The April jobs report from the Bureau of Labor Statistics (BLS) showcases an array of data that, prior to the pandemic, would have had economists dancing in the street. Payroll employment increased by 428,000; the average annual wage growth was 5.5 percent; and the primary unemployment rate stood at 3.6 percent—the lowest rate since 1969, excluding the months immediately preceding the pandemic.
Things are even better for rank-and-file workers. More than half of the employment growth came from just four industries: retail, manufacturing, transportation and warehousing, and leisure and hospitality. Average annual hourly wages of all production and nonsupervisory employees rose by 6.4 percent, while those of transportation and warehousing and leisure and hospitality workers rose by 11.2 and 12.6 percent.
Meanwhile, the March Job Openings and Labor Turnover Survey (JOLTS) report showed the largest-ever number of job openings—11.5 million. Compared to 5.9 million unemployed workers, that suggests almost two open jobs for every person seeking employment. In other words, 7.1 percent of jobs in the economy are currently unfilled.
The average growth of 550,000 payroll jobs per month for the last 16 months is certainly noteworthy. But compared to pre-pandemic labor participation rates, the U.S. economy is still 3 million workers short, and a quarter of those missing are prime-age workers.
And that's the catch. In an era of strong wage growth, surging inflation, and record demand for workers, we're still seeing an unexpectedly slow rate of workers returning to the labor market. The best and fastest solution to the problem would be to rapidly expand immigration opportunities, which have been severely curtailed by pandemic-era policies.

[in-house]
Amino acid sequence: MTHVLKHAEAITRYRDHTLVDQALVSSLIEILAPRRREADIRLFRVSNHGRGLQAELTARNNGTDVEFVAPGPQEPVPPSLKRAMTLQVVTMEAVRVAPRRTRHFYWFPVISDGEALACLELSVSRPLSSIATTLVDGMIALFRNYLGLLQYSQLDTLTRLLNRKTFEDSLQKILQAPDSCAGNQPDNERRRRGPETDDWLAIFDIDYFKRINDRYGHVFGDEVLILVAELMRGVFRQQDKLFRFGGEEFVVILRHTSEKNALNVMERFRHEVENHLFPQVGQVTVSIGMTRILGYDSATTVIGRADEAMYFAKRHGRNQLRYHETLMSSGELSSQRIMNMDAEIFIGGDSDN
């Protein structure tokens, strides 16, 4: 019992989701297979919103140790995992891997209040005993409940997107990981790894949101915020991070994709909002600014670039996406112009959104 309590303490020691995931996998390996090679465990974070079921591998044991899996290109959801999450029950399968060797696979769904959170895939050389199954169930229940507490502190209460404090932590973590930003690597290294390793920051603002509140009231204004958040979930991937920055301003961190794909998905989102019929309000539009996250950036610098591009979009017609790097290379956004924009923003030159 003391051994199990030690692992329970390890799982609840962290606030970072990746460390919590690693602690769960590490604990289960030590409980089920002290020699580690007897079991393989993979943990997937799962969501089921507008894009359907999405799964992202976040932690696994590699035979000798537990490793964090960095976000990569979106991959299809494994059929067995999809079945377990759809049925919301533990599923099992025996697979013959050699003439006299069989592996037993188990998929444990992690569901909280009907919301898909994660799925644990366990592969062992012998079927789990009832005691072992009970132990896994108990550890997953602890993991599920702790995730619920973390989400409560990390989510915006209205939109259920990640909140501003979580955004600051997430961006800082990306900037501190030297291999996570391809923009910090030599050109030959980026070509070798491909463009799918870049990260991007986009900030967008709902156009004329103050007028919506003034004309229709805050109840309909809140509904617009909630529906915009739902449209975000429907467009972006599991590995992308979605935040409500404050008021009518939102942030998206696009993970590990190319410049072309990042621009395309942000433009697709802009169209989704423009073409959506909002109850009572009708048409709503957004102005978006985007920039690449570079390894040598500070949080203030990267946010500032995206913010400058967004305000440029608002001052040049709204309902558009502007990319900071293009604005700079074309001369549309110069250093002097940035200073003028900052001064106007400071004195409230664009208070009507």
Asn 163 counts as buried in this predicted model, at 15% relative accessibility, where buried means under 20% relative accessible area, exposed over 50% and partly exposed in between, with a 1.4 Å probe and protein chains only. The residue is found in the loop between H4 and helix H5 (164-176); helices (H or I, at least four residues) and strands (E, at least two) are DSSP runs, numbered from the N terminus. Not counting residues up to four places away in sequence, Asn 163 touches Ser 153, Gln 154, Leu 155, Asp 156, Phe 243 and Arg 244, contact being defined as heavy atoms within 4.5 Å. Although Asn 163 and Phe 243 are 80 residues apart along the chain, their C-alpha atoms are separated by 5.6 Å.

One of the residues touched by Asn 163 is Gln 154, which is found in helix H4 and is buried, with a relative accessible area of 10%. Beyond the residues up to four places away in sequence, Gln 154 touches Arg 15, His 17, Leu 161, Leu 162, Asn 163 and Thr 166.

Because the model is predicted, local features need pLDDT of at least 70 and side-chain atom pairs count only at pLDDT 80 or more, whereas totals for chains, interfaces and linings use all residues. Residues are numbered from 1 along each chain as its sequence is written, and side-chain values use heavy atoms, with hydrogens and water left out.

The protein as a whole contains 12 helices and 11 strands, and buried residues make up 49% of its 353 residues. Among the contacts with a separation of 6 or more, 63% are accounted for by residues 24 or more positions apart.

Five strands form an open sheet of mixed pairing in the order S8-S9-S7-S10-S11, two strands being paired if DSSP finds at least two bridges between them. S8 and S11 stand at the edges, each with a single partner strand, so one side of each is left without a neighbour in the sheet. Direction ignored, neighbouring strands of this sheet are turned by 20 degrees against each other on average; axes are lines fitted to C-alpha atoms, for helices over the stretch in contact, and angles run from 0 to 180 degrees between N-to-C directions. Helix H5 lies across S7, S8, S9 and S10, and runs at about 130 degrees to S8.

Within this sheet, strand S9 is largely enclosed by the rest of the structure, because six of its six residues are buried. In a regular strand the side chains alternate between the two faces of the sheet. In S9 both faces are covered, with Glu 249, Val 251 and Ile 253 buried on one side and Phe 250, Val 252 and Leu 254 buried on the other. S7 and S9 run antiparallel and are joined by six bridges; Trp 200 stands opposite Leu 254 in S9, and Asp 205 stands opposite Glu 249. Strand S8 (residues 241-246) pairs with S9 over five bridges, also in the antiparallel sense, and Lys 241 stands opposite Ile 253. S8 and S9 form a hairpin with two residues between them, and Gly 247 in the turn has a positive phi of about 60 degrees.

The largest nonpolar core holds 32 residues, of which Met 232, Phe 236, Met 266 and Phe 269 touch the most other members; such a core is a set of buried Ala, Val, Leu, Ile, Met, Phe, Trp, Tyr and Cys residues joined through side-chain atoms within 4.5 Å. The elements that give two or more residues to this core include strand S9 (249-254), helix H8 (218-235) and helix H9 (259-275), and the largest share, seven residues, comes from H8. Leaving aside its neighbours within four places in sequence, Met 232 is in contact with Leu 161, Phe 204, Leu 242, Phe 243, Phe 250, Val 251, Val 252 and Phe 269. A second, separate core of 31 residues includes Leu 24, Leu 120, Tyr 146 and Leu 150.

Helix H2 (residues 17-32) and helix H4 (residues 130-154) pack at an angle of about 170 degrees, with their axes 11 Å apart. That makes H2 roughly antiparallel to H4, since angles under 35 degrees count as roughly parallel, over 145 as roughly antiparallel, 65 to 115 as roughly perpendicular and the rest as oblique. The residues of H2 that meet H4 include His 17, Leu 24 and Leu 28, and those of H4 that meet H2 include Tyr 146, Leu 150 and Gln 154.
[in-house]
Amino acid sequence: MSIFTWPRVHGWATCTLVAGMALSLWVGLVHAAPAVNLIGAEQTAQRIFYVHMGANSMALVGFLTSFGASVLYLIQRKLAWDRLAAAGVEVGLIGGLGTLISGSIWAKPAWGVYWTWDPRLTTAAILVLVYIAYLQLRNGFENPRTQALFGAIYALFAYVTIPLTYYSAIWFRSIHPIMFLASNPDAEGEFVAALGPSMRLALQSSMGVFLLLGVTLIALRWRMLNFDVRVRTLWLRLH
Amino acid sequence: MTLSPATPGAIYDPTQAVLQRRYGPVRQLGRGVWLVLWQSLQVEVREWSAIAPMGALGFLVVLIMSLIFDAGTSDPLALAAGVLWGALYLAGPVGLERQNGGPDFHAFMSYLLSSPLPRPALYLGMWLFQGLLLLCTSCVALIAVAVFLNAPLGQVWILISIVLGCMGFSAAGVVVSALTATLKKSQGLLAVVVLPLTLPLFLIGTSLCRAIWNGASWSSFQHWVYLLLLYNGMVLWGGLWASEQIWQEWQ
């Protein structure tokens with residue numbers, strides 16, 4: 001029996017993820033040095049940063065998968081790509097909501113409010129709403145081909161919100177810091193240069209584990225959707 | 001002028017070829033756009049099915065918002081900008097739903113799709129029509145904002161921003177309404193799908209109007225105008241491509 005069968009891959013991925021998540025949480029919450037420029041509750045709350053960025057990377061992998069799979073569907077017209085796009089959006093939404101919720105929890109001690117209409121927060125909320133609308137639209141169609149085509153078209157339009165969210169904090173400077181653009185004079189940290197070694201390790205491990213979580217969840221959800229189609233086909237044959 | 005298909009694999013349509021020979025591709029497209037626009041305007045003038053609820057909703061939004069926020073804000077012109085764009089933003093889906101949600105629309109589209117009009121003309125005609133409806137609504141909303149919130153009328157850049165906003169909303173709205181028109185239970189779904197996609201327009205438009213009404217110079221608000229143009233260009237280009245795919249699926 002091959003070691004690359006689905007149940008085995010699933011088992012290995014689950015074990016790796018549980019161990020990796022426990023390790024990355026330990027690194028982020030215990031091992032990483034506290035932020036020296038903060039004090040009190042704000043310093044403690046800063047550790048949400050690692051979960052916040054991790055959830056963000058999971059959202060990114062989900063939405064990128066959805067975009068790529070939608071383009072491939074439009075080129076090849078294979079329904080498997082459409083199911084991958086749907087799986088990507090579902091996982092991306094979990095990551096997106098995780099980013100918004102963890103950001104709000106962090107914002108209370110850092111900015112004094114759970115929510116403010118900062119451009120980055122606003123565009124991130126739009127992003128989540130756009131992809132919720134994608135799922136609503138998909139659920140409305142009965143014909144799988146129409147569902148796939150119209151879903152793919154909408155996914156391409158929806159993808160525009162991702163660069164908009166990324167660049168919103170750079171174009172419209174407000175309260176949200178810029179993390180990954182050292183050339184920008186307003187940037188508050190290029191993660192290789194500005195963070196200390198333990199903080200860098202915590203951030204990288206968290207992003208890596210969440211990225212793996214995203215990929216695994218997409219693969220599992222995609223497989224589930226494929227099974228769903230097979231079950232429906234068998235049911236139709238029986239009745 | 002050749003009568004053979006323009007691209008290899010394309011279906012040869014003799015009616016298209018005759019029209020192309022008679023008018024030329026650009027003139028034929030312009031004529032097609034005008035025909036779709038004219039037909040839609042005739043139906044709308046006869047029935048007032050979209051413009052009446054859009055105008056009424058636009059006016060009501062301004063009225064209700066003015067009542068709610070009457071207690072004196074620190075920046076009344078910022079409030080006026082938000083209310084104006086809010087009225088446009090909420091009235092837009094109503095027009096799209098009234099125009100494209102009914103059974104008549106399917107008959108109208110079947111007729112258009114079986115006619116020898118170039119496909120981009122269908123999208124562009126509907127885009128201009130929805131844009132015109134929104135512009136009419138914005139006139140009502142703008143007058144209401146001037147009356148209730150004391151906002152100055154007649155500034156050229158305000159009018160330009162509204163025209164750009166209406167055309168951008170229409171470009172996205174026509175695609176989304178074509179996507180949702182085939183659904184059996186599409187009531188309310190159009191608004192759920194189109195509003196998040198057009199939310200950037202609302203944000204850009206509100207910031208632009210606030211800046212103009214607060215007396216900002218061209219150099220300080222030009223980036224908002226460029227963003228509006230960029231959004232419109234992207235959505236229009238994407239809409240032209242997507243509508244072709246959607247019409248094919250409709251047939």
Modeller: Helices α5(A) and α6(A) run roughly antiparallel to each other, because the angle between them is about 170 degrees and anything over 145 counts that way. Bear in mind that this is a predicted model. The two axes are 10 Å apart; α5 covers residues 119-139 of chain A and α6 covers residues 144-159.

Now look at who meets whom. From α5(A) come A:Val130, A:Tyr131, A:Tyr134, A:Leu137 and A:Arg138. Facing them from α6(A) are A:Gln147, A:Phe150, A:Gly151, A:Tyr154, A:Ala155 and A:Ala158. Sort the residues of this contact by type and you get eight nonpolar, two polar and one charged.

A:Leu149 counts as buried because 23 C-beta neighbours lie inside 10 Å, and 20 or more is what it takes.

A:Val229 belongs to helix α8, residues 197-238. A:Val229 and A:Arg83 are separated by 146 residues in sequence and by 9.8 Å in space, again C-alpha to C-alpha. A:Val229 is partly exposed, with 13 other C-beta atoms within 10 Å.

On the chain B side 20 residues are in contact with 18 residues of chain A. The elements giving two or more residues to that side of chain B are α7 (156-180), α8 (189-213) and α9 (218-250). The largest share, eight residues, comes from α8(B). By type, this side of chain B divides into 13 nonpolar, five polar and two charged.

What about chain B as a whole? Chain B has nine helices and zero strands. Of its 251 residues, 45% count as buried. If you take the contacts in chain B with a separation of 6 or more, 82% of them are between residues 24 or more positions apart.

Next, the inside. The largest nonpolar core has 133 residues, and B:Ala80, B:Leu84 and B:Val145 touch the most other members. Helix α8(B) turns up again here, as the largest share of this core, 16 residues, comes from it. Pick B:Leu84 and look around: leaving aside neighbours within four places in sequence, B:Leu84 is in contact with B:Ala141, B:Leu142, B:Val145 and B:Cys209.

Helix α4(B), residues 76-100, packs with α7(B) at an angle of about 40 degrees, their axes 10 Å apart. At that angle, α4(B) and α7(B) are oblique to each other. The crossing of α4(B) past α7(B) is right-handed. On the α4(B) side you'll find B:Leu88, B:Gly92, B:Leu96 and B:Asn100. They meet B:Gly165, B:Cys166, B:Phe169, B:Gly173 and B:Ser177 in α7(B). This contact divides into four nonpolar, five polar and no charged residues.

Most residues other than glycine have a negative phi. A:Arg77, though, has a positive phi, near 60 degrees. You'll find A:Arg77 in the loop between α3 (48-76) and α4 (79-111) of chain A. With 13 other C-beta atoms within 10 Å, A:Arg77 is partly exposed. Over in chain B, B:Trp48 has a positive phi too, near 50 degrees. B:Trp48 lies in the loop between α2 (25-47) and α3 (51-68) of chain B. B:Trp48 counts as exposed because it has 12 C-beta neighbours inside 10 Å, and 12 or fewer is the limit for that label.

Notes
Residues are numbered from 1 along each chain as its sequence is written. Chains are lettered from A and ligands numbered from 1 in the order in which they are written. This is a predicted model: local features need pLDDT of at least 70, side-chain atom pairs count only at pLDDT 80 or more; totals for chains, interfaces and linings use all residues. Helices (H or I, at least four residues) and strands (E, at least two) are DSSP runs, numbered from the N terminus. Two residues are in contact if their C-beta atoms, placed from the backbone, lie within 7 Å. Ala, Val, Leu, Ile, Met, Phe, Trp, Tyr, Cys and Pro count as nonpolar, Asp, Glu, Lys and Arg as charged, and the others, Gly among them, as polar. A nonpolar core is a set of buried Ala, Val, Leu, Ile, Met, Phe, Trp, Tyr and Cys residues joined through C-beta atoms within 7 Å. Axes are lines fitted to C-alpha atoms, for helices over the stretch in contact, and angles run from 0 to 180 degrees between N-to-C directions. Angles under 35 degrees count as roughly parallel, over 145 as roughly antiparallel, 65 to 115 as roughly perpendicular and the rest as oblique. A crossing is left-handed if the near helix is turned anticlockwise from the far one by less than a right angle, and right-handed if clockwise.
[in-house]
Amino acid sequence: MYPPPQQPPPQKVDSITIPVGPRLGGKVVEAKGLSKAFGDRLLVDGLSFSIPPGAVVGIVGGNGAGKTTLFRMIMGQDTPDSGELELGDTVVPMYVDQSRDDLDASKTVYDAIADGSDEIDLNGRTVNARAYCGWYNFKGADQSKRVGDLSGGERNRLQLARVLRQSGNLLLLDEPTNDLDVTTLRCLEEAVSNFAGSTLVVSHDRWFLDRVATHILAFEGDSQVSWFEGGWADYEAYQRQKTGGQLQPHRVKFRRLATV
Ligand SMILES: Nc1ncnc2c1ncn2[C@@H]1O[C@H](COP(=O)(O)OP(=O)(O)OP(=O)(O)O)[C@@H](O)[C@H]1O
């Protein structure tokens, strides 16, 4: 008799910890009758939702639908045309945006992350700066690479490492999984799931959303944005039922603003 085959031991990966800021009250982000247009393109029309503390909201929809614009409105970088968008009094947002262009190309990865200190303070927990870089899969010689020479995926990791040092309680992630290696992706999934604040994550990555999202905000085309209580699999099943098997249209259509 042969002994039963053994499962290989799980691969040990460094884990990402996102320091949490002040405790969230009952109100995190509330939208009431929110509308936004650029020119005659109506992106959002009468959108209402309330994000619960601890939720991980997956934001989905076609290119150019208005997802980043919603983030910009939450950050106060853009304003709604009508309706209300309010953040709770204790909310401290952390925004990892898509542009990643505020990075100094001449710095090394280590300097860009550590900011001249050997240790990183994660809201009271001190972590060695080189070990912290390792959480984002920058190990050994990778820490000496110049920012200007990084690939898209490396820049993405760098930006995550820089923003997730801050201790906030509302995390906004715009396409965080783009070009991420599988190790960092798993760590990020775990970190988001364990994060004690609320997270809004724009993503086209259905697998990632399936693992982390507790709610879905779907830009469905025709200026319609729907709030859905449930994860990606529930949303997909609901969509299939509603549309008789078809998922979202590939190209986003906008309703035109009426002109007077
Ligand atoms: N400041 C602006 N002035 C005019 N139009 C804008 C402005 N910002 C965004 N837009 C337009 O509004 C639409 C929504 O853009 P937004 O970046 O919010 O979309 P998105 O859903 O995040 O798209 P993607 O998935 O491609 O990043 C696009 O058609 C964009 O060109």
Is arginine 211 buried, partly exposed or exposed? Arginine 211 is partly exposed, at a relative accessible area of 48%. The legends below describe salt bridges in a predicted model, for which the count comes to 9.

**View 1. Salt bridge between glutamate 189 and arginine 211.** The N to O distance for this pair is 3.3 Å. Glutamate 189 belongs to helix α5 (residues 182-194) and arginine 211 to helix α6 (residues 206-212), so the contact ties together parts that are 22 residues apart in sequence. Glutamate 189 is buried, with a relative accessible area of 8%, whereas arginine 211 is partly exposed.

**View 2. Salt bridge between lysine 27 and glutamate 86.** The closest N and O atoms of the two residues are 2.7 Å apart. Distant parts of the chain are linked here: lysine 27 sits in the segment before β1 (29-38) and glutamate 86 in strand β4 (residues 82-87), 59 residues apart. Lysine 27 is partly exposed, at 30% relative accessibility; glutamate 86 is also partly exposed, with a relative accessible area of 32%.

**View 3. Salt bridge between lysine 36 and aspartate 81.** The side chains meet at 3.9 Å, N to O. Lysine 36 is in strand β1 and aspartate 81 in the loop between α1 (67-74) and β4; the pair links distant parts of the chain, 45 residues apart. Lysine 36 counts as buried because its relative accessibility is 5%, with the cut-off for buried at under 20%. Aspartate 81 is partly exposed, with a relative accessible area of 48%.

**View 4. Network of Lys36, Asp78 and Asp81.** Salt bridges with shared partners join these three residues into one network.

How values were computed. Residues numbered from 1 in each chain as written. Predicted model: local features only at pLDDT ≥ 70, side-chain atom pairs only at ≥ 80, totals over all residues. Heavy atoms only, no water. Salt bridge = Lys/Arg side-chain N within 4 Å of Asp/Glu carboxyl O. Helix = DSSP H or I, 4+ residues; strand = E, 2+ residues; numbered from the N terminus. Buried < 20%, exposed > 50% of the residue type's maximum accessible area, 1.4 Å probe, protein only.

During the pandemic, pundits put forth three main arguments on why people weren't returning to work: aversion to being exposed to COVID-19, insufficient child care, and overly generous relief programs. These considerations should be in the rearview mirror by now. With readily available vaccines and boosters, the risk of COVID-19 infection for the typical worker has been minimized. Most schools resumed in-person classes by last fall, primary school children have had access to vaccines since November 2021, and schooling interruptions from COVID-19 variants have faded away. Meanwhile, nearly all pandemic relief programs that would reduce a worker's need for a paycheck have expired.
But there's still a marginal case for each of these explanations. Around 2.7 percent of the U.S. population (up to 7 million potential workers) is immunocompromised. Because they face a higher risk of severe illness from contracting COVID-19, that threat may still inhibit them (or their household members) from reentering the workforce. Similarly, children under the age of 4 still can't receive COVID-19 vaccines—causing some parents to keep their children away from group child care services. It's quite possible that there is a bit of a chicken-and-egg problem, where the reduced supply of workers limits the amount of child care a nursery school can provide, thus making it harder for parents to take on a job.